Paternity Leave

The truth is I fantasized about Joe’s leave for weeks beforehand. The more my knees buckled under pregnancy, the more I dreamed of the Prince Charming arriving by white chariot/stroller. Was there any situation that wouldn’t be readily fixed by the addition of two handsome hands? I doubted it. All I had to do was have the baby, and paradise would arrive.

In the very last weeks before the baby came, I found myself deeply done with my current children. I’m not sure if that’s part of the rapid hormonal heart-shuffle before a new baby arrives but the way room in my heart was made for a new child was this: I became very satisfied with the extent that I had raised my current children, and I was ready to pass them on to better hands. Anyone’s hands, really, so long as they were open. Had a boarding school for preK called at that point, I probably would have sent them. “They love carrots,” I would have scribbled on the submission form as I cheerfully waved goodbye for a month, or six.

After Alma was born, of course, my true feelings re-appeared and I was overwhelmed with pride at how amazing and incredible they two were. Was it too much to say they were the best humans to ever exist? my addled brain wondered. No, it was not.

In a bizarre, nearly other-worldly, turn of events, Joe was able to take eight weeks of paternity leave from his job after Alma was born. It was the longest amount of time Joan and Lux had ever had with him in their lives. It happened as a result of Alma’s birth, but really it was a way for us to parent in a way we hadn’t before, and a window of time to regain our balance after the disruption of a new baby.

It absolutely flew by for all of us.

As I look back over it, a few thoughts occur to me about what we learned/loved/lost…

learned: stop the interrupting starfish

Have you heard the joke about the interrupting starfish? Ideally no, because the gist of the joke of is being interrupted. It’s a hardy-har-har refresher on how annoying that is. On paternity leave Joe and I realized we were raising a fledgling stock of interrupting starfish, and frequently we weren’t even bothering to correct them. We would look at each other over their heads, one of us biting our lip mid-story, and shrug. Most of our weekly conversation seemed to happen over dinner, at which point I was too tired to deliberately pause the interrupters, and anyway, my ear seemed more tuned to their pleas than Joe’s voice.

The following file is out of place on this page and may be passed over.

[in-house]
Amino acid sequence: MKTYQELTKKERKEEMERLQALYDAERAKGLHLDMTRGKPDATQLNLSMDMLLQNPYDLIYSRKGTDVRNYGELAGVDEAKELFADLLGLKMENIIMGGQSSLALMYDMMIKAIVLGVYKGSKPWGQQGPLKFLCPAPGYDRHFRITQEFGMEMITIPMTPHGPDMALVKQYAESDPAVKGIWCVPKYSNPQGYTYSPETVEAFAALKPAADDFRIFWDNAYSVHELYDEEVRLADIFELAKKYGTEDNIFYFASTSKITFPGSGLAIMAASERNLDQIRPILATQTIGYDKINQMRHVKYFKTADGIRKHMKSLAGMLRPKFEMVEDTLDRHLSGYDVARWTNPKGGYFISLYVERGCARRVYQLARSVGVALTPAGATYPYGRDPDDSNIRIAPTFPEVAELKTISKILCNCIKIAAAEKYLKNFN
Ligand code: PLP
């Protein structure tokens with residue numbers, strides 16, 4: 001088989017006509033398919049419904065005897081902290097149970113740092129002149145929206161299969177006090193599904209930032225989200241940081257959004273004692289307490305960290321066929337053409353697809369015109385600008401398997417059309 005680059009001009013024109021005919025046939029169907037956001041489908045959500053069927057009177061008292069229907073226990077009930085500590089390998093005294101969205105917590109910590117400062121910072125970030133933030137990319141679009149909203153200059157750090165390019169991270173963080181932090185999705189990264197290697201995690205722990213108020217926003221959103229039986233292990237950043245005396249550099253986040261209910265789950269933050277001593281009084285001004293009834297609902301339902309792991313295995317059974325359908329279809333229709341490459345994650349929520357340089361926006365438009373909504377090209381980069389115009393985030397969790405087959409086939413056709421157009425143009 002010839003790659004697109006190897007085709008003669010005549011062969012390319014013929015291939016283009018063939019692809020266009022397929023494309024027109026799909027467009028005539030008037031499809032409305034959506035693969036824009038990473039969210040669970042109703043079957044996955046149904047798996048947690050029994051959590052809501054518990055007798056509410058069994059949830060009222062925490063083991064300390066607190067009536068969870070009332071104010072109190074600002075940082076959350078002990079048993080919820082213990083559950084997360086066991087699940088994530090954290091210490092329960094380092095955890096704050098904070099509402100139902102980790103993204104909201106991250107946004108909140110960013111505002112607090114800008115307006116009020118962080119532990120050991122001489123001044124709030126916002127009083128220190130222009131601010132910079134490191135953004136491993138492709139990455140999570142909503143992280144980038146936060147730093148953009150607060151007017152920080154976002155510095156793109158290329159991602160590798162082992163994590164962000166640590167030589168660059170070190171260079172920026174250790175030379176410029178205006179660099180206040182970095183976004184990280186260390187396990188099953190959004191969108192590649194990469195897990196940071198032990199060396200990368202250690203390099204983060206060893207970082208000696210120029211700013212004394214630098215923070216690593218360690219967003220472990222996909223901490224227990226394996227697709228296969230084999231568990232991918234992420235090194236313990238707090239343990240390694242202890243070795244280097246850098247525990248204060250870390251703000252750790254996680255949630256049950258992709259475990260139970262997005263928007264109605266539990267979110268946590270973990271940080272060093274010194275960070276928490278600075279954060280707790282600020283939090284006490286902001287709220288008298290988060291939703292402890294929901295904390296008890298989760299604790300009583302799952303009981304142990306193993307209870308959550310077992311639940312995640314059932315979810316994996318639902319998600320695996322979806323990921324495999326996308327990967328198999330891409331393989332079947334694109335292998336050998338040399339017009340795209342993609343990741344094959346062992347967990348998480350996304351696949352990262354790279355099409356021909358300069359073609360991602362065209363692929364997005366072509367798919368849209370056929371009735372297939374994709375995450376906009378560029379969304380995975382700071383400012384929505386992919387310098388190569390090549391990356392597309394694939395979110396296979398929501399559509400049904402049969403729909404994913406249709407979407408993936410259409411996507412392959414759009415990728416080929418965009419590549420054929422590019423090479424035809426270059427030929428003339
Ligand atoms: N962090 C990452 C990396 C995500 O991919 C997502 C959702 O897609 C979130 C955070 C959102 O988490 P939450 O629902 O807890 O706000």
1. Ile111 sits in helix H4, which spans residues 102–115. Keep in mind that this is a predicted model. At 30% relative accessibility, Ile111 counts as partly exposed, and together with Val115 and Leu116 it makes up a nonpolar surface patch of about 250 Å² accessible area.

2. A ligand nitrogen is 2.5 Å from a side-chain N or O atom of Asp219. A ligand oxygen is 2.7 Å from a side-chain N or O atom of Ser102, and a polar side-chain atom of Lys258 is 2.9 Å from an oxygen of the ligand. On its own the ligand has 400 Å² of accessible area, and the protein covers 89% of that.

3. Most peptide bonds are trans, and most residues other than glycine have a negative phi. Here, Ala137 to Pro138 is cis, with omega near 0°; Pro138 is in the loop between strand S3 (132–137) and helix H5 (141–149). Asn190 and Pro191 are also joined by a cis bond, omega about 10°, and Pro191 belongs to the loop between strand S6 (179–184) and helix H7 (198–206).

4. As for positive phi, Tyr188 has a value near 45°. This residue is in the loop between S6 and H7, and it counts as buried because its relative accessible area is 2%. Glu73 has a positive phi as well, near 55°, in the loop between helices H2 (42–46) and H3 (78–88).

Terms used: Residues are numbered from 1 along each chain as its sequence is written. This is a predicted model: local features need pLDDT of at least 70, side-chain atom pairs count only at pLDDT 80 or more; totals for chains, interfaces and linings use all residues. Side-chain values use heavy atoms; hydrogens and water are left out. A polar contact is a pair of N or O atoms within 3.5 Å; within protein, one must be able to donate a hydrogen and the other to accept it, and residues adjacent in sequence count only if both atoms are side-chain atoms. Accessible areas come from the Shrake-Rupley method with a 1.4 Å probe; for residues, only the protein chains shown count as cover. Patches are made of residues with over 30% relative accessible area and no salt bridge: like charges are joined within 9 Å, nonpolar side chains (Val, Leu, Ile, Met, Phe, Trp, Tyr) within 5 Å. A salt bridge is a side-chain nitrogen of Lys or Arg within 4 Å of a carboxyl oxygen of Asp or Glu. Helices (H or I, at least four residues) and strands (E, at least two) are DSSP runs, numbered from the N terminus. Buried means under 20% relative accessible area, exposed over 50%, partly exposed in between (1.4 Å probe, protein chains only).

On his leave, because we were together so much more and noticed that the interrupting had become a serious and troubling habit, we got our game back. “Dad is telling me a story.” “Shhh I’m listening to Dad.” “Dad was talking.”

They still interrupt, but now they’re accustomed to us stopping them immediately, and there’s no eyes-wide-brimming-with-insulted-tears. Just finished conversations.

learned: the home office doesn’t work

Oh the home office. Long have I fantasized about the perfect life, with Joe somehow working at home, and interacting with the girls all day. It seemed so plausible and perfect. Then Joe actually did try to work at home and it drove us both crazy. I really couldn’t stand the sight of him typing away at the computer, headphones in place, as noisy chaos built around me. “Go ahead darling, get some work done.” Five minutes later…”Hello?! I could use some help here!”

And it made no sense to the girls. They couldn’t tell when he was working, and when he was open to being recruited for a game or going outside.

We quickly realized it was far better for him to be out of the space for a couple hours. And me handling the situation myself, chaotic as it was. I stopped day dreaming about home offices, and started appreciating all he got done while he was away. Then he came home, and I got to take a break.

loved: it’s just as blissful to coparent as you’ve imagined